Boris Karloff, wearing a curly grey wig (I suppose to make him look Grecian) plays a Greek General nicknamed "The Watchdog". We first meet him forcing another Greek officer and former friend to commit suicide because he disgraced himself by showing up late with his troops to a battle. This shocks a young American journalist who witnesses this but the journalist still agrees to accompany the General to a nearby island to visit the grave of his long deceased wife. When they reach the island they found the grave of the general's wife and all others entombed there have been ransacked for archaeological finds and the bodies destroyed. On the island the general and journalist discover the comfortable home of a charming Swiss archaeologist. Staying with the archaeologist are an old Greek servant woman named Kyra, a British diplomat and his invalid wife, the wife's beautiful Greek nurse, Thea, a doctor and a cockney salesman. The salesman soon dies of the plague and the rest of the group including the general and journalist are quarantined on the island and begin to sicken and die one by one. Kyra creates hysteria with her belief that Thea is one of the legendary Greek vampires known as the Vrykolakes and the General is particularly susceptible to this belief making his mental health greatly deteriorate. The ending is very over the top and the dialogue and plot become more and more clunky as the movie continues. Karloff's performance remains excellent while everything else sinks farther and farther in to mediocrity.

BEDLAM is a very ambitious movie with incredibly genuine looking sets and costumes. Karloff is a true villain here playing Sims, the head of the infamous 18th century London insane asylum, Bedlam. Nell, a beautiful outspoken former actress now living as the protege of an old obese but immensely wealthy lord takes an interest in improving the lives of those committed to the asylum after viewing the conditions and actually seeing one of the inmates die "performing" in toxic gold paint at a party for the amusement of the rich. Nell and Sims have a mutual hatred of each other and through a variety of rather complex manipulations he manages to have her committed to Bedlam. The story does not end there though since Karloff as Sims has some payback coming from Nell and the "loonies". Though Sims and his fate are fictional the atrocities that are shown in the movie are historically accurate as tourists of that time period were allowed to tour the facility to laugh at the retarded and insane inmates and even prod them with long sticks to incite them in to rage. From the powdered wigs to the women hawking wares in the street the movie does an admirable job bringing 18th century London to life on a B budget and as always Karloff is excellent playing evil.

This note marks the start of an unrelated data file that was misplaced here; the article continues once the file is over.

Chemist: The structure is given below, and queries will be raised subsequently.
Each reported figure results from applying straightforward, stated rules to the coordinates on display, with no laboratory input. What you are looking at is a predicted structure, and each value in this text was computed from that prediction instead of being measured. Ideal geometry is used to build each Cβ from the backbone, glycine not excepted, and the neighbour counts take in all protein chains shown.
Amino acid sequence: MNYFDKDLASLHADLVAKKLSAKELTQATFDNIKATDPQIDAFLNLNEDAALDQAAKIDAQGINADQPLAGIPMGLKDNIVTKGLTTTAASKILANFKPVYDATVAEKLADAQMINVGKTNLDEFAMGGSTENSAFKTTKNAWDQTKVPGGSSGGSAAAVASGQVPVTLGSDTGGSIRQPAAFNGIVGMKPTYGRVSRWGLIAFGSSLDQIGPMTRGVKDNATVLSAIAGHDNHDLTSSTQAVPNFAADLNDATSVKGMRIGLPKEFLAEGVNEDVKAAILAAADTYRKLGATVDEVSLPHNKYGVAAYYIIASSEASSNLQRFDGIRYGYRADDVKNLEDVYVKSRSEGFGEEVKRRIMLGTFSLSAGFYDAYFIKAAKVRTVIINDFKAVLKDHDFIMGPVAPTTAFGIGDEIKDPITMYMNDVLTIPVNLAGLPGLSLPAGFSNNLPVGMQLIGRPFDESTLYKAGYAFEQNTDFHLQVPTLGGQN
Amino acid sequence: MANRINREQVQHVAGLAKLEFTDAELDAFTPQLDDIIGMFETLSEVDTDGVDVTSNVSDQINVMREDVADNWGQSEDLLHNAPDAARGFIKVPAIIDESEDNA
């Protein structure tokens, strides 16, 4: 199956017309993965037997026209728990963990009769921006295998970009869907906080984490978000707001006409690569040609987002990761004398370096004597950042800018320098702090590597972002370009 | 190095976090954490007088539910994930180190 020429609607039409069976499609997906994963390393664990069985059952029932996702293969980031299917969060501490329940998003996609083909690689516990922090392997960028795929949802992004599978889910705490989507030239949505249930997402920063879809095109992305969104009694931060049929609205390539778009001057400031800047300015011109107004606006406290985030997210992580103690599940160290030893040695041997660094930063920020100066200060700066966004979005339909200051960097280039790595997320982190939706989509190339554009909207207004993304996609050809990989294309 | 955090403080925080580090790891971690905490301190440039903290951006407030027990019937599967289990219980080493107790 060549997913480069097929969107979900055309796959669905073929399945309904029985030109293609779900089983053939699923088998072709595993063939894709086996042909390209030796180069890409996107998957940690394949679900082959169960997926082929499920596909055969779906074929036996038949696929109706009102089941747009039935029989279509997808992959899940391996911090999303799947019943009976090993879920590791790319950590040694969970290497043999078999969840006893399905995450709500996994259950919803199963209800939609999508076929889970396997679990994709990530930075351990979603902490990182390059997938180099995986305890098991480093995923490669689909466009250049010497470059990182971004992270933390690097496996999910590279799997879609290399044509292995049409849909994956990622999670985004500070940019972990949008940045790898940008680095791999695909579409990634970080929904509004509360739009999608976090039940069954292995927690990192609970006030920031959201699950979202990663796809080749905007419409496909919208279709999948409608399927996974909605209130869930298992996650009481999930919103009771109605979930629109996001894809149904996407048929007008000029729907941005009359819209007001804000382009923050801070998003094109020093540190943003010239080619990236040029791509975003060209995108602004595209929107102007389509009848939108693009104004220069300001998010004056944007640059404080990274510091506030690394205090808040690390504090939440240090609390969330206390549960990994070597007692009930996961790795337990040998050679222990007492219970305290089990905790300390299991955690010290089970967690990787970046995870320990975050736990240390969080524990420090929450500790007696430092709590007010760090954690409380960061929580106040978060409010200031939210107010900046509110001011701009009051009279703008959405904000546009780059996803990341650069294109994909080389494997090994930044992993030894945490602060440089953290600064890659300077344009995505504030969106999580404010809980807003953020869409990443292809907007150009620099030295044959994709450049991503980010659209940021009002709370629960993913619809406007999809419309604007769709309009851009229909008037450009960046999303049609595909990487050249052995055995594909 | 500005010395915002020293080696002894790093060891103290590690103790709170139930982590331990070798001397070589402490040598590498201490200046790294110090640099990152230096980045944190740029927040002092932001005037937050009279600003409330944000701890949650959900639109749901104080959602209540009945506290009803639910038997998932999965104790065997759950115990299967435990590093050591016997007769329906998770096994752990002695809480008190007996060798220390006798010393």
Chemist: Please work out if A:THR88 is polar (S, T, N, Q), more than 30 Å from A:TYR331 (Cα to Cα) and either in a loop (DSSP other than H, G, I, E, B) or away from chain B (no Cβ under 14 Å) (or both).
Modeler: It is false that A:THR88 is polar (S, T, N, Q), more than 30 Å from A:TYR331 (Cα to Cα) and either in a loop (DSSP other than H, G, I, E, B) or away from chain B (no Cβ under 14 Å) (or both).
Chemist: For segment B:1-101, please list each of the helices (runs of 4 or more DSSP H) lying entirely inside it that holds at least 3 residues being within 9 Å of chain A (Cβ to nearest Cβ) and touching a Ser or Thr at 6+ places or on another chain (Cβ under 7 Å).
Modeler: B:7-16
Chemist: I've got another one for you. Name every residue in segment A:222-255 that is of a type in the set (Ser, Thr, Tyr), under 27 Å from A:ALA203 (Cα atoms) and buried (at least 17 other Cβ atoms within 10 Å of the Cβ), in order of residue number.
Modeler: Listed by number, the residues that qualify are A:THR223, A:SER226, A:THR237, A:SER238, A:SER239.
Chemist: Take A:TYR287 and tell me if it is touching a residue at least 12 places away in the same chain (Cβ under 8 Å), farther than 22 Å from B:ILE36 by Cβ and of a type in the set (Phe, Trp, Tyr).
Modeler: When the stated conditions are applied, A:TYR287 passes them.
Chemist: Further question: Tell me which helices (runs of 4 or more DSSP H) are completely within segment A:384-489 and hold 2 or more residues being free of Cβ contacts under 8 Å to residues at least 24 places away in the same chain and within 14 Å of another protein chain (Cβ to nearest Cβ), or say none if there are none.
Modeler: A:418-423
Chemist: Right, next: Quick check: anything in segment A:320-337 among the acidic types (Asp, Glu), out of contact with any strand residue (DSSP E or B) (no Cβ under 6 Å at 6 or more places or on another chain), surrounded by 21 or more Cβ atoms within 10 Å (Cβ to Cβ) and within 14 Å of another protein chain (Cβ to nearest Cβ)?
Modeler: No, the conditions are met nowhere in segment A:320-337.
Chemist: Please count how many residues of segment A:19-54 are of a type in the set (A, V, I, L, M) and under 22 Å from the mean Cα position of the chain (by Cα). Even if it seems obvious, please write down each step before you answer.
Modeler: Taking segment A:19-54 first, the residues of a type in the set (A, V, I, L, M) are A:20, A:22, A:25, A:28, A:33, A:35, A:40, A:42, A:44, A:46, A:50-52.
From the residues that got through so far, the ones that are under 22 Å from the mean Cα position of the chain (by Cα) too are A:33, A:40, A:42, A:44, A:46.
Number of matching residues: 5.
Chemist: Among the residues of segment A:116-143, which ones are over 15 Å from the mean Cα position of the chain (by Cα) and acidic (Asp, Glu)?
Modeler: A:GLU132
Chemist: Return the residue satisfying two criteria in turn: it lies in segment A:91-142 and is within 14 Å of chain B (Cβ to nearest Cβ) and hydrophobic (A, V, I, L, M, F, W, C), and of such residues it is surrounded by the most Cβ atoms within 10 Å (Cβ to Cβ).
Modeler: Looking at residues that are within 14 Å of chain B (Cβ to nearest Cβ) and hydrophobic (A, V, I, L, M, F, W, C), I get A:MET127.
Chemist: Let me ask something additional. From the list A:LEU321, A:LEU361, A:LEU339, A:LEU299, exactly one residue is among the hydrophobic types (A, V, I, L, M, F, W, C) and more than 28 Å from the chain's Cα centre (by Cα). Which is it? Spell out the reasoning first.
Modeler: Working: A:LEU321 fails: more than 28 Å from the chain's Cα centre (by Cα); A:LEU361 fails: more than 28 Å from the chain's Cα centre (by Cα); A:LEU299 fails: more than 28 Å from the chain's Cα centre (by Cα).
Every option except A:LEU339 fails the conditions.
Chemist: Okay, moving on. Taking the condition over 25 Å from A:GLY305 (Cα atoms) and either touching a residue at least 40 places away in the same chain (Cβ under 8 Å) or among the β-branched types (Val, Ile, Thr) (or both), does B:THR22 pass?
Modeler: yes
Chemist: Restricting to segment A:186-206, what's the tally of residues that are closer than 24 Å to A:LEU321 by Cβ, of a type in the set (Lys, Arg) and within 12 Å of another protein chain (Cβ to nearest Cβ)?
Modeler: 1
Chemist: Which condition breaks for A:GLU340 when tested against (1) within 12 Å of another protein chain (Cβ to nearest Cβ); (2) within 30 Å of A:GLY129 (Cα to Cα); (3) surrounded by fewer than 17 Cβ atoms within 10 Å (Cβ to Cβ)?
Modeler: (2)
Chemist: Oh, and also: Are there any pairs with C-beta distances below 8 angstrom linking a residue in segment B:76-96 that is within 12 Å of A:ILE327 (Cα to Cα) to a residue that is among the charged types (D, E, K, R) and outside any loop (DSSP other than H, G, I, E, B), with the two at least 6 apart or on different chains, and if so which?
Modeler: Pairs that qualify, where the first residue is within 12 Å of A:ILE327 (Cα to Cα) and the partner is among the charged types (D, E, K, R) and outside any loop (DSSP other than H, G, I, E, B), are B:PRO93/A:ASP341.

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Val Lewton (1904-1951) was brought to RKO when that studio decided to compete with Universal in the horror genre. As it happened, RKO was teetering on the verge of bankruptcy at the time--and Lewton was given the audience-tested title CAT PEOPLE and ordered to create an inexpensive movie to fit it. Without the budget to create "a monster movie," Lewton responded with a remarkably artful film that relied on suggestion and implication. He would go on to produce nine such films in all, three of them starring Boris Karloff.